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SPOKESMAN DENIES TERRORISM FEARS BEHIND POSTPONEMENT OF UKRAINIAN PRESIDENT'S GEORGIAN VISIT. Ukrainian President Viktor Yushchenko's spokeswoman Irina Gerashenko told Georgia's Imedi television station on 27 July that an article published on 27 July in the independent newspaper "Rezonansi" alleging that Yushchenko postponed a visit to Georgia originally scheduled for 26 July due to fears that his plane could be shot down is untrue, Caucasus Press reported. On 26 July, Georgian Interior Minister Vano Merabishvili claimed that "terrorists" in South Ossetia have four Igla portable ground-to-air missiles capable of downing civilian or military aircraft (see "RFE/RL Newsline," 26 July 2005). LF

KYRGYZSTAN BEGINS TRANSFER OF UZBEK REFUGEES TO THIRD COUNTRIES... Carlos Zaccagnini, head of the UN High Commissioner for Refugees (UNHCR) mission in Kyrgyzstan, announced in Bishkek on 27 July the beginning of an operation to transfer 451 Uzbek refugees from a camp in southern Kyrgyzstan to the country's Manas international airport in preparation for transport to a third country, Kabar reported. Zaccagnini declined to disclose the refugees' final destination for security reasons. He said all 451 refugees would be removed from the camp, with the final 100 arriving at Manas airport on 29 July. Zaccagnini told RFE/RL that he believed all the refugees would be taken to the same country. But Astrid van Genderen Stort, a UNHCR spokeswoman in Geneva, told RFE/RL that it was "not sure whether they are going to one country or whether they are going to two or three." Various reports listed Canada, the Czech Republic, and Ukraine as possible final destinations. A spokesperson for the Czech Republic's Interior Ministry confirmed to RFE/RL that "the Czech Republic is one of the countries being considered as a host for some of the Uzbek refugees." Canadian officials said that Canada could accept up to 50 refugees, Reuters reported. DK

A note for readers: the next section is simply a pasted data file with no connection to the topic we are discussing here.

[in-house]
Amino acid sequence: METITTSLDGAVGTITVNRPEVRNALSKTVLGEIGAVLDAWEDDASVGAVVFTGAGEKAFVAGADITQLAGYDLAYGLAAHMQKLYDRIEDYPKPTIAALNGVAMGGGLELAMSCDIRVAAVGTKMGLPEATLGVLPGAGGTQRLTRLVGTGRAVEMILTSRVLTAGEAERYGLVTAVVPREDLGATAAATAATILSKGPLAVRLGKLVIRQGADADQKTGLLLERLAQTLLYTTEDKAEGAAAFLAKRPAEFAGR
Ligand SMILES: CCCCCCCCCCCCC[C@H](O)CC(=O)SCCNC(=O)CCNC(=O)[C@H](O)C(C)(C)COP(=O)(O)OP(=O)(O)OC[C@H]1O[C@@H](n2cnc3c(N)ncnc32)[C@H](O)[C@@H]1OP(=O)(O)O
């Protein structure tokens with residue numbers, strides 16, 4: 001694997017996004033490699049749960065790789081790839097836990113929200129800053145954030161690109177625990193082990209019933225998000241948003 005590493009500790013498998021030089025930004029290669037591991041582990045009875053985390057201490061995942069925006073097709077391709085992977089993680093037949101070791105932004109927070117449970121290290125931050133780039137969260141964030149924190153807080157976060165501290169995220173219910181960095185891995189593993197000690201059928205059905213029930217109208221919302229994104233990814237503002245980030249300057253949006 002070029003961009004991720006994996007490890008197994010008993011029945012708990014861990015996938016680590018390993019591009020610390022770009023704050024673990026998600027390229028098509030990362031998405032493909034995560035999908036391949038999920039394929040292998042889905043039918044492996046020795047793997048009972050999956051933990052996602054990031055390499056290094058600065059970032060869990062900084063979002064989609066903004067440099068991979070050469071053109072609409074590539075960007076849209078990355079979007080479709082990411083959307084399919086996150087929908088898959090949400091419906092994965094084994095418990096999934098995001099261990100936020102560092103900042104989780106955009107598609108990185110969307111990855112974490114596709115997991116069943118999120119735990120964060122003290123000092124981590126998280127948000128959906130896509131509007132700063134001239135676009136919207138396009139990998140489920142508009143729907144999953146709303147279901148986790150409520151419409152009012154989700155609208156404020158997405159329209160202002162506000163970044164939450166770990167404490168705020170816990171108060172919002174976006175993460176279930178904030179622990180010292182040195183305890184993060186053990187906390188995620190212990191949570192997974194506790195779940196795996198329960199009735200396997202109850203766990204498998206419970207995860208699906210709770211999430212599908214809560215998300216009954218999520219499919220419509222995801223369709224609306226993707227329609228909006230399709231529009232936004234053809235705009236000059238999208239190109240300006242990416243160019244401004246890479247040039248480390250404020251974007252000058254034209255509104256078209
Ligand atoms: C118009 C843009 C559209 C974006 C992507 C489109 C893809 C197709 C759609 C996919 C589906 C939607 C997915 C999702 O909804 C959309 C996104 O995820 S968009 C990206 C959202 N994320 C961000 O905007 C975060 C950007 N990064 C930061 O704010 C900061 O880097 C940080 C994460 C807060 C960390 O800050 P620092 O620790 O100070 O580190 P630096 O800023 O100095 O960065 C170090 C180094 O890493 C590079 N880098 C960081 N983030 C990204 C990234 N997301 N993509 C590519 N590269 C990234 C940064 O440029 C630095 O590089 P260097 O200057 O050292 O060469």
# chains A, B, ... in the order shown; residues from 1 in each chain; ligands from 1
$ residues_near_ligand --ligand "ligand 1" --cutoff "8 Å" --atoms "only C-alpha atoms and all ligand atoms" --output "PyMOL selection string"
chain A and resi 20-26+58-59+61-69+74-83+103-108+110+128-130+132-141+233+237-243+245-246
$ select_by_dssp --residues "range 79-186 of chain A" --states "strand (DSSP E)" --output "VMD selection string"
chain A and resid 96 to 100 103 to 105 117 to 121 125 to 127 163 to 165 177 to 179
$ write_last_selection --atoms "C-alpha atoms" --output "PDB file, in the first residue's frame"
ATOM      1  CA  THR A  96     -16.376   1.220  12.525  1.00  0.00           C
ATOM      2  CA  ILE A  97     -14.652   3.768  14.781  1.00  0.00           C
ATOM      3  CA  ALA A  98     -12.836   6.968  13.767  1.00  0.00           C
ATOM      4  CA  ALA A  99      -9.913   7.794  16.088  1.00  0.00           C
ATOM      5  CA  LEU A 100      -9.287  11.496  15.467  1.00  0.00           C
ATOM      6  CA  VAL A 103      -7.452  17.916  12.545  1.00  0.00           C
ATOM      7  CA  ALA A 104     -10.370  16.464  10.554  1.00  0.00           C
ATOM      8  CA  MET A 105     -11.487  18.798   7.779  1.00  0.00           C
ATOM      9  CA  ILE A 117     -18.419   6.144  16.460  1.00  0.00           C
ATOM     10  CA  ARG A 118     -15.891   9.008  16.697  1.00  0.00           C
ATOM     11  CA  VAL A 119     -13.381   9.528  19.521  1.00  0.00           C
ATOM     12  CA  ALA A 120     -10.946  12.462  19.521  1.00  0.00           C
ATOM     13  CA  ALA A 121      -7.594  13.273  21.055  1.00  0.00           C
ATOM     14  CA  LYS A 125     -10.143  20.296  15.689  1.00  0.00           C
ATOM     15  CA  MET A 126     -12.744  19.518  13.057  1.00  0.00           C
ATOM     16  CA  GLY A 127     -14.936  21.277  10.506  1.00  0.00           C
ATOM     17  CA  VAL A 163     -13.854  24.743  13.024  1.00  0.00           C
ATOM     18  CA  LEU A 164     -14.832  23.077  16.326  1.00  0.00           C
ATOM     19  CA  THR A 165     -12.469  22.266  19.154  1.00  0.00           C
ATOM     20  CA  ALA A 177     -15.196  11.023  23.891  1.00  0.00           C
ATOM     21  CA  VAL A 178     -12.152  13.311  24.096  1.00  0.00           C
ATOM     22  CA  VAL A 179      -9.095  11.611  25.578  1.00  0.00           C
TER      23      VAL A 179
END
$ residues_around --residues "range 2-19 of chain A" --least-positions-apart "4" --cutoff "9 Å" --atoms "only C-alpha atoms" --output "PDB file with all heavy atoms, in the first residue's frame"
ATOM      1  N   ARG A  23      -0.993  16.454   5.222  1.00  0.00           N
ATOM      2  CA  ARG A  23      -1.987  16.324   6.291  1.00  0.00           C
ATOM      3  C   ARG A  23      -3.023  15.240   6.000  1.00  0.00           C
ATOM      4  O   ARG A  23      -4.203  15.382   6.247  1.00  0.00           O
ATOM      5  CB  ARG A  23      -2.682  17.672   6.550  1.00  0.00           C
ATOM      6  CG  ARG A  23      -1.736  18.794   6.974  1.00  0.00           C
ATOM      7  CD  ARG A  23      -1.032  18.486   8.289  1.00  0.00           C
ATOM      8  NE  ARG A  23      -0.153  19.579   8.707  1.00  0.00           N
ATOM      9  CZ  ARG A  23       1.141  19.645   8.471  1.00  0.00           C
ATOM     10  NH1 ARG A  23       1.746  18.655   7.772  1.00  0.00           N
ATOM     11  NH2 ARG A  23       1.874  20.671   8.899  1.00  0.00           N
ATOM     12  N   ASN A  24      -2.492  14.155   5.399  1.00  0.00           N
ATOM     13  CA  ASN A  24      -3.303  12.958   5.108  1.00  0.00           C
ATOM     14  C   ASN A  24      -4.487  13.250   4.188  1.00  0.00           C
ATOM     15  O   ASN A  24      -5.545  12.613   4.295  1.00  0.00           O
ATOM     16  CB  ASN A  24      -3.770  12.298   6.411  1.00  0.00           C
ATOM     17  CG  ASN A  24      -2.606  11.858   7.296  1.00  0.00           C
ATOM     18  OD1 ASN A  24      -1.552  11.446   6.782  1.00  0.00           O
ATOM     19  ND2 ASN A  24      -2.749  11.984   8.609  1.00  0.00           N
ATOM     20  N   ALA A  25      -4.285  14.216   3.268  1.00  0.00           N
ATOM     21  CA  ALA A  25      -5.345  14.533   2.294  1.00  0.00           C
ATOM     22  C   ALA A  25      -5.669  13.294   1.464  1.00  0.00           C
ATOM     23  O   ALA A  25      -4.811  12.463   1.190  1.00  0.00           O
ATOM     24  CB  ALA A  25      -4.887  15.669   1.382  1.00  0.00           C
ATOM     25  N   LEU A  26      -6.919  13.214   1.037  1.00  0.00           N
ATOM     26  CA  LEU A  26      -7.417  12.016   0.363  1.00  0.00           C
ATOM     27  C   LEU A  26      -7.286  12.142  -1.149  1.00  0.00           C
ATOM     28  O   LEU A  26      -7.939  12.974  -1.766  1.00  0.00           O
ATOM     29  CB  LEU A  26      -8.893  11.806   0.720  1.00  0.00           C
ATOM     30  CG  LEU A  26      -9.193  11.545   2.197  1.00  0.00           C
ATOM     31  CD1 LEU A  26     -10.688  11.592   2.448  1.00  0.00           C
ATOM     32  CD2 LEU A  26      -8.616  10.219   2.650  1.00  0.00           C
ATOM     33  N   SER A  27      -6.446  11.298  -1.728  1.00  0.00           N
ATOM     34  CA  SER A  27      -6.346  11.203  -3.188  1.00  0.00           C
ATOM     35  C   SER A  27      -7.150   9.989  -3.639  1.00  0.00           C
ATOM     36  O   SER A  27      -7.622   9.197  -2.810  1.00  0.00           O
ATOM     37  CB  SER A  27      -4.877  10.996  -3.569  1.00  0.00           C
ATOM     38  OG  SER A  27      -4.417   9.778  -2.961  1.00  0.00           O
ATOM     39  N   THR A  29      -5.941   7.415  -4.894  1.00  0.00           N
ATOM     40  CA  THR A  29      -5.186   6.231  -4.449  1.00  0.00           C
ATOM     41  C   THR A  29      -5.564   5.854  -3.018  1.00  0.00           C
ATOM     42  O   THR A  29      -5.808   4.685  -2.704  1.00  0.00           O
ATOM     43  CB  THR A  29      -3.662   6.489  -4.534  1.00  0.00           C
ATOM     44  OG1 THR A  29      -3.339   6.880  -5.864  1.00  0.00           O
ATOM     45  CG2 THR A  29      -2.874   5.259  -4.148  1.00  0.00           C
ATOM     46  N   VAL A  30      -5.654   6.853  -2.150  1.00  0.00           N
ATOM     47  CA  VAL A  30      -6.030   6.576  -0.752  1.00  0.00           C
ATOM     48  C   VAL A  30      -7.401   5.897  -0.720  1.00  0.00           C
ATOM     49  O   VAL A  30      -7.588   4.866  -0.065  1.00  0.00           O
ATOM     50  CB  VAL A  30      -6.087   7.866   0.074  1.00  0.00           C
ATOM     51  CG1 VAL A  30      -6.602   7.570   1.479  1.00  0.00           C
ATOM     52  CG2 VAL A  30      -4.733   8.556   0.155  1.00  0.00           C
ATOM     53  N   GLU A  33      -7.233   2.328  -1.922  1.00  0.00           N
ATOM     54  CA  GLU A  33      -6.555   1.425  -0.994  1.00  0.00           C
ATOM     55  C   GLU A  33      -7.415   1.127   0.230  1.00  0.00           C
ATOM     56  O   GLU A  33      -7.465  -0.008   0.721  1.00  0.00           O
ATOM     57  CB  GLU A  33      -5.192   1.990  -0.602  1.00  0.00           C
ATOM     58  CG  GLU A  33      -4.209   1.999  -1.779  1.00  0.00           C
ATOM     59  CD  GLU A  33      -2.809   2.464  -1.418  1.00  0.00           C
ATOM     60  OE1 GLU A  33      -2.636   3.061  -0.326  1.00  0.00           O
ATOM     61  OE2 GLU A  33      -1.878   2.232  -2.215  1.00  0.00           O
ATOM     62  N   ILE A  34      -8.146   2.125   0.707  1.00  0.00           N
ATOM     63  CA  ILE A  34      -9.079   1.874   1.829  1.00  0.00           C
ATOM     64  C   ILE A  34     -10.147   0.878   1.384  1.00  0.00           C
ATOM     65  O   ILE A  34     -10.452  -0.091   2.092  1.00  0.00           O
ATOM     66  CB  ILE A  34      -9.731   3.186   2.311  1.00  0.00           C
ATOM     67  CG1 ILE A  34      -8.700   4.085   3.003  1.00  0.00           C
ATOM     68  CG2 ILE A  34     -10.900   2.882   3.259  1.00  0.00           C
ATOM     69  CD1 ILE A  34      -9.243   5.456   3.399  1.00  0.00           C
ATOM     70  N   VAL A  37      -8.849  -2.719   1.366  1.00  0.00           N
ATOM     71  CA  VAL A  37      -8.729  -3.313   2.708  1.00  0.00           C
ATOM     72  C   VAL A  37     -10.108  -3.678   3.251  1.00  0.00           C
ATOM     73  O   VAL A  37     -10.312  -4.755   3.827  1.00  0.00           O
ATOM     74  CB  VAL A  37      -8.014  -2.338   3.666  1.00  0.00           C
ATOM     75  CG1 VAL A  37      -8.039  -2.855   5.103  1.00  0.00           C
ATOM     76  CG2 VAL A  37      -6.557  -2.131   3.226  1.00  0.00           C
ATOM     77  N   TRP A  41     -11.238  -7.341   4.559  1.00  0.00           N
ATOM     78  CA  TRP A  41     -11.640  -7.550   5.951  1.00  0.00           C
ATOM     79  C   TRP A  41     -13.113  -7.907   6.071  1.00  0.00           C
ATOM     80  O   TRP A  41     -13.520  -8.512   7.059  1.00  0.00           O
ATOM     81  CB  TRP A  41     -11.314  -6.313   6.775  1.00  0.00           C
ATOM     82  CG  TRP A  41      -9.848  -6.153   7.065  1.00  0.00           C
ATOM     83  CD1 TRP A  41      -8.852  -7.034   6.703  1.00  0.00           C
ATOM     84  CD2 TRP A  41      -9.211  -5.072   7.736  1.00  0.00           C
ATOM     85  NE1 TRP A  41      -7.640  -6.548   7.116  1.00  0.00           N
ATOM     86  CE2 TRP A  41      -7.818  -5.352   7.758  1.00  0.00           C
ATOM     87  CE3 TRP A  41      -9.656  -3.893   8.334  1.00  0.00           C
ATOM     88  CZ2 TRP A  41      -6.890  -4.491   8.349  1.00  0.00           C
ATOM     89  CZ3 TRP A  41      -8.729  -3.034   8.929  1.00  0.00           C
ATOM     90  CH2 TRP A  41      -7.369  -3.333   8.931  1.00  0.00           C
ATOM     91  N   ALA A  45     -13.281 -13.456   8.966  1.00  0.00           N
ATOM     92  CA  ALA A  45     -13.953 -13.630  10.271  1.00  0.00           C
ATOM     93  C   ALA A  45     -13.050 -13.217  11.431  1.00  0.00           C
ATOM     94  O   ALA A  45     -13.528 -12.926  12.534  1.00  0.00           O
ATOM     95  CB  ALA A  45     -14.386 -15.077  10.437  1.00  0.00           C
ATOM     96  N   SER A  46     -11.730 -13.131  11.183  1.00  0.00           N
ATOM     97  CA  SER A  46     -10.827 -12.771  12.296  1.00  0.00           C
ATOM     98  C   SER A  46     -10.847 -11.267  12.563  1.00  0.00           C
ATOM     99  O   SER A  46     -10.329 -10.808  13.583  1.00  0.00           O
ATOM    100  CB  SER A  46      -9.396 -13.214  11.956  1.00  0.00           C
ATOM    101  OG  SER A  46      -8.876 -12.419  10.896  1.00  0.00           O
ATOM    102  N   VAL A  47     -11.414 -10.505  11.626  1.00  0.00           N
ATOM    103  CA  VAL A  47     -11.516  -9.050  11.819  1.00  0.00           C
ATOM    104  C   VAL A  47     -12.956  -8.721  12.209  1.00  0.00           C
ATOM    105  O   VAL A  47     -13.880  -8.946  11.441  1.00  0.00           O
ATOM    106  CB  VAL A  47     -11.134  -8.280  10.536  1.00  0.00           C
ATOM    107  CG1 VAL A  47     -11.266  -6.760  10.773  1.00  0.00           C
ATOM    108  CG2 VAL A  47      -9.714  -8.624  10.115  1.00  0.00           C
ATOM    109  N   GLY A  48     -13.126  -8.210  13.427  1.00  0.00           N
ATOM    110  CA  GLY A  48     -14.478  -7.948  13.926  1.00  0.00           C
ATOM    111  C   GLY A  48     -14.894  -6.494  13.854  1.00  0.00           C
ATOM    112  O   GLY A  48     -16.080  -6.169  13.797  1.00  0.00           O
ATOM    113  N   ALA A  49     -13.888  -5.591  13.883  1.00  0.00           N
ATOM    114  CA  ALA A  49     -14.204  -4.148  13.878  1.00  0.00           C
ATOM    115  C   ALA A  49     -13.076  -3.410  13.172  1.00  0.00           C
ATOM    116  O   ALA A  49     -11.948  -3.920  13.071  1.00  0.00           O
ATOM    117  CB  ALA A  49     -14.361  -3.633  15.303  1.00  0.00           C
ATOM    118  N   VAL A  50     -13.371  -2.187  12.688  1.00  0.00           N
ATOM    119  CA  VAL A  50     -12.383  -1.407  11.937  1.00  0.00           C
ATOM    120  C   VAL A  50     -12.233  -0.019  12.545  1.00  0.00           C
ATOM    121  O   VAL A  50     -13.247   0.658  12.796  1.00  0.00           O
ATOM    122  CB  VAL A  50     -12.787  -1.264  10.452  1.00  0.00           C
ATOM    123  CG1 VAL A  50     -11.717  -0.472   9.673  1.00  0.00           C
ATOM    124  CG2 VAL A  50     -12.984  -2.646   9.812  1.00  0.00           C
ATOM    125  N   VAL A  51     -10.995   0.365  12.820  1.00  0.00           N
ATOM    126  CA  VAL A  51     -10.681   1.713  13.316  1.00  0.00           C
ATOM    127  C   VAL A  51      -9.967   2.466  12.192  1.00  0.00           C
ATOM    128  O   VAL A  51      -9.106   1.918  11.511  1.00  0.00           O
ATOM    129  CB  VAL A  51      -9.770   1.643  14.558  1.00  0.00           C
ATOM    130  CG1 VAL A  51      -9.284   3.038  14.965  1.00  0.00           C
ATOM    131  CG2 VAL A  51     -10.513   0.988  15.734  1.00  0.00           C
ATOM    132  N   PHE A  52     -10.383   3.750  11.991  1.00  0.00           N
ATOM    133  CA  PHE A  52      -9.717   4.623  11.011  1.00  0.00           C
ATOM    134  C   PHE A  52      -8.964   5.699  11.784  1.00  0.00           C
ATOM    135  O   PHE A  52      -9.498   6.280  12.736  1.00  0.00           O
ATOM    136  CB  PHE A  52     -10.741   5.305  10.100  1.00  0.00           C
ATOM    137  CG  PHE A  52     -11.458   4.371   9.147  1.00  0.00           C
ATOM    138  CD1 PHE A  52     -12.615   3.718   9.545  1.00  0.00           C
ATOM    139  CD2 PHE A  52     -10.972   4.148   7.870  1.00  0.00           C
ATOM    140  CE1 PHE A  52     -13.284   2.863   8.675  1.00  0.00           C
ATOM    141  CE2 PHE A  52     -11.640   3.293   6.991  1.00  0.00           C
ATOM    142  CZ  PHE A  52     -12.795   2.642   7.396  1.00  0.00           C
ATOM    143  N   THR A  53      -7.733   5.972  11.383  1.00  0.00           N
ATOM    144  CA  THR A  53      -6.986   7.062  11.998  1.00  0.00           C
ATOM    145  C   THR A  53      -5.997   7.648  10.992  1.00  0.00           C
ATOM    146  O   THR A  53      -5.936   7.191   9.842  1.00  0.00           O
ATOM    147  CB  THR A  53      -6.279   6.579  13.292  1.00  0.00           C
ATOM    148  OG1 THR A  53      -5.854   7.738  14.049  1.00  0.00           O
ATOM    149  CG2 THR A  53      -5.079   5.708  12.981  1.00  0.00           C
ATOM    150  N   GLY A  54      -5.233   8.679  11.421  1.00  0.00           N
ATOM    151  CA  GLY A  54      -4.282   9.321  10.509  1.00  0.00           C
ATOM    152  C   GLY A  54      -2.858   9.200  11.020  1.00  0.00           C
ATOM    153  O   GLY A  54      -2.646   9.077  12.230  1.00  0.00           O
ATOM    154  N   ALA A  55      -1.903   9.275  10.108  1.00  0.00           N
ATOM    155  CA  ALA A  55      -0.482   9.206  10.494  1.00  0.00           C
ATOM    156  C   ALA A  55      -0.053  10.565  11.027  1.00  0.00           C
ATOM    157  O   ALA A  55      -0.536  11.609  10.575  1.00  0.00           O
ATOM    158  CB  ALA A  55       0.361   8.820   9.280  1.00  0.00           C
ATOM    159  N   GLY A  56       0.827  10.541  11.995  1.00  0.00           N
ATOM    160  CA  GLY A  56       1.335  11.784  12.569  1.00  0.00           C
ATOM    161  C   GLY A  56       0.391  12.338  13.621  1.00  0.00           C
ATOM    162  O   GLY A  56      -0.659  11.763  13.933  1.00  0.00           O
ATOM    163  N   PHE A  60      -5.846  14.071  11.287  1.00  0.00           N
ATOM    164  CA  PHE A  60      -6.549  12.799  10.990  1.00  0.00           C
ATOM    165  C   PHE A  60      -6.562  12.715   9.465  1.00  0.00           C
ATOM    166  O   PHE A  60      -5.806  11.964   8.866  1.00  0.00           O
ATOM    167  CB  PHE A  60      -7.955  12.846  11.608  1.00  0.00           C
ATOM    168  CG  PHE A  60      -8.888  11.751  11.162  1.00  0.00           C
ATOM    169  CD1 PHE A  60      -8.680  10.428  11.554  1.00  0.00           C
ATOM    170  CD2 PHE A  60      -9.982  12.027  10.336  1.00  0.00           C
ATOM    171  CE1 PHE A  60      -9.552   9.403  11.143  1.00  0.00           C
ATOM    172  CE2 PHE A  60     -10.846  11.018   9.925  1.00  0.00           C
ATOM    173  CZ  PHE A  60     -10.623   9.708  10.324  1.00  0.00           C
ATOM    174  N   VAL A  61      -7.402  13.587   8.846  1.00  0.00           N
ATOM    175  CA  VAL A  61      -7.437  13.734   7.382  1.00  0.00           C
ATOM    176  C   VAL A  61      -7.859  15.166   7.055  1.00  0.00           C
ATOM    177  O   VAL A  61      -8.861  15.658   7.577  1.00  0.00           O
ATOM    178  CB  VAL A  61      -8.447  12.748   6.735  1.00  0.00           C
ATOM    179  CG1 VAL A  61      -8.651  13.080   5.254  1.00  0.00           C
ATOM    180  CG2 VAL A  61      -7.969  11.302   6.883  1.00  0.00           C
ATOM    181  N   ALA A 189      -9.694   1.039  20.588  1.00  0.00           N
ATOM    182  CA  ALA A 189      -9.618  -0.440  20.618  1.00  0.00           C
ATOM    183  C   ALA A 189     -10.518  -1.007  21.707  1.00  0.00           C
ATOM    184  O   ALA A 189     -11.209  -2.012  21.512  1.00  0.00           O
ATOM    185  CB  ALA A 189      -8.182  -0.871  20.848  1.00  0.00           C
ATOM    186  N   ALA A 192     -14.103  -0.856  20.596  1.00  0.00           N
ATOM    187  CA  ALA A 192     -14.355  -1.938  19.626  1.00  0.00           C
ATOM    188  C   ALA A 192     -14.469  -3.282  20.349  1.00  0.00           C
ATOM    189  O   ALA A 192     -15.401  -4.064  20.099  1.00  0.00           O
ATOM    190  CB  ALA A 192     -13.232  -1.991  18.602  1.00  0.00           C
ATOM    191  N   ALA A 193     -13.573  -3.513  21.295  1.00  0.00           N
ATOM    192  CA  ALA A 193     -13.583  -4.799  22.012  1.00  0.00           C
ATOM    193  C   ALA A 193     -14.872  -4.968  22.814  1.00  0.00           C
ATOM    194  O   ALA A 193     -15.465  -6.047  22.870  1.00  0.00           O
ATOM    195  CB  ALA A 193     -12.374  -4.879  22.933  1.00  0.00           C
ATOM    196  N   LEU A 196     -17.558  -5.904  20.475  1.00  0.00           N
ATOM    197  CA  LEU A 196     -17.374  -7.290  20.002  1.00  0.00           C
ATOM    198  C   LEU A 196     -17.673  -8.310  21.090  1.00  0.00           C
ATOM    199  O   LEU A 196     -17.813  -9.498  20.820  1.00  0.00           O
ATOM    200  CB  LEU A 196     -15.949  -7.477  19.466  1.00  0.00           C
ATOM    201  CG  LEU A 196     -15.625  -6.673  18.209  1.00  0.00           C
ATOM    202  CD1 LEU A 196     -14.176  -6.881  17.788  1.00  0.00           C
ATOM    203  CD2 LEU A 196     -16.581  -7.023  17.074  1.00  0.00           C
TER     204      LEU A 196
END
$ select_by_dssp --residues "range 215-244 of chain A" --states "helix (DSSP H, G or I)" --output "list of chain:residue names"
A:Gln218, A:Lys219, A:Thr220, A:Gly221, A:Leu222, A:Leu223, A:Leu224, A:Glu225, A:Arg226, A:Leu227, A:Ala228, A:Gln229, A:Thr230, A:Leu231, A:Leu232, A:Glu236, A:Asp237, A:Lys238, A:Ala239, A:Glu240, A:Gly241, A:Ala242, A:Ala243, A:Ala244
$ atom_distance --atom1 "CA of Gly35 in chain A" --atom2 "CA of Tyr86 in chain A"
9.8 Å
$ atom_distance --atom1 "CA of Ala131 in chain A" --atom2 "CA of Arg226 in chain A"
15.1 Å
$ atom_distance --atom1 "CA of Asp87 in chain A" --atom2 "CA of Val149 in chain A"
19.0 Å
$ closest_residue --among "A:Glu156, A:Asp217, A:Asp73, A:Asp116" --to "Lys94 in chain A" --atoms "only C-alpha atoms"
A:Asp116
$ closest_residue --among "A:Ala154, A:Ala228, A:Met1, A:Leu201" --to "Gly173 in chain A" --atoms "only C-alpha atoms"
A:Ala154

UKRAINIAN DEFENSE MINISTER SEEKS ISRAELI, RUSSIAN COOPERATION IN MODERNIZING FIGHTER FLEET. Defense Minister Anatoliy Hrytsenko, upon returning from a 24-26 July visit to Israel, told reporters in Kyiv that he met with the management of the Israeli company Elbit and discussed a feasibility study on modernizing Ukraine's fleet of MIG-29 fighter jets, Interfax-Ukraine reported on 27 July. Hrytsenko said that it will be necessary to include the Russian company that originally built the fighters in the project. According to, Ukraine presently has 237 MiG-29s, of which 62 are operational. RK

FORMER UKRAINIAN PREMIER'S U.S. SENTENCING AGAIN POSTPONED. The sentencing of former Ukrainian Prime Minister Pavlo Lazarenko in the Federal District Court in San Francisco has once again been postponed, Interfax reported on 28 July. The sentencing, which was due to take place on 27 July, was postponed till 2 December. According to Lazarenko's attorney, he might be fined $4.5 million-$5 million and might not be sentenced to prison. However, the court rejected the defense's request for a new trial and ordered Lazarenko to appear for sentencing on 2 December. He was found guilty on 14 charges related to money laundering and fraud, each carrying a term of imprisonment of 20 years. RK

UKRAINIAN PRESIDENT SIGNS ANTIPIRACY LAW. Viktor Yushchenko has signed into law amendments to the Criminal Code that prohibit CD piracy, Interfax reported on 28 July. The law was passed on 6 July by parliament and sets responsibility for operations involving the production, export, and import of CDs and, equipment for their production. According to the amendments, the import of stamper disks and specialized equipment for CD production shall be licensed as a form of economic activity. RK

FORMER MOLDOVAN PRESIDENT SAYS MOSCOW STILL KEY TO SETTLING TRANSDNIESTER CONFLICT. A solution to the Transdniester conflict depends greatly on Moscow, Mircea Snegur, the first president of Moldova, told the Russian newspaper "Argumenty i fakty" on 27 July. "The Transdniestrian conflict must be settled at any cost, but not through federalization.... However, I am sure of one thing: it is very hard to negotiate with the Transdniestrian leaders," Snegur said. "It will be good if the Ukrainian plan helps us solve the problem. However, I think that Moscow keeps a great interest for the region. It means that the settlement of this conflict depends on Russia a lot," he concluded (see End Note, "RFE/RL Newsline," 27 July 2005). RK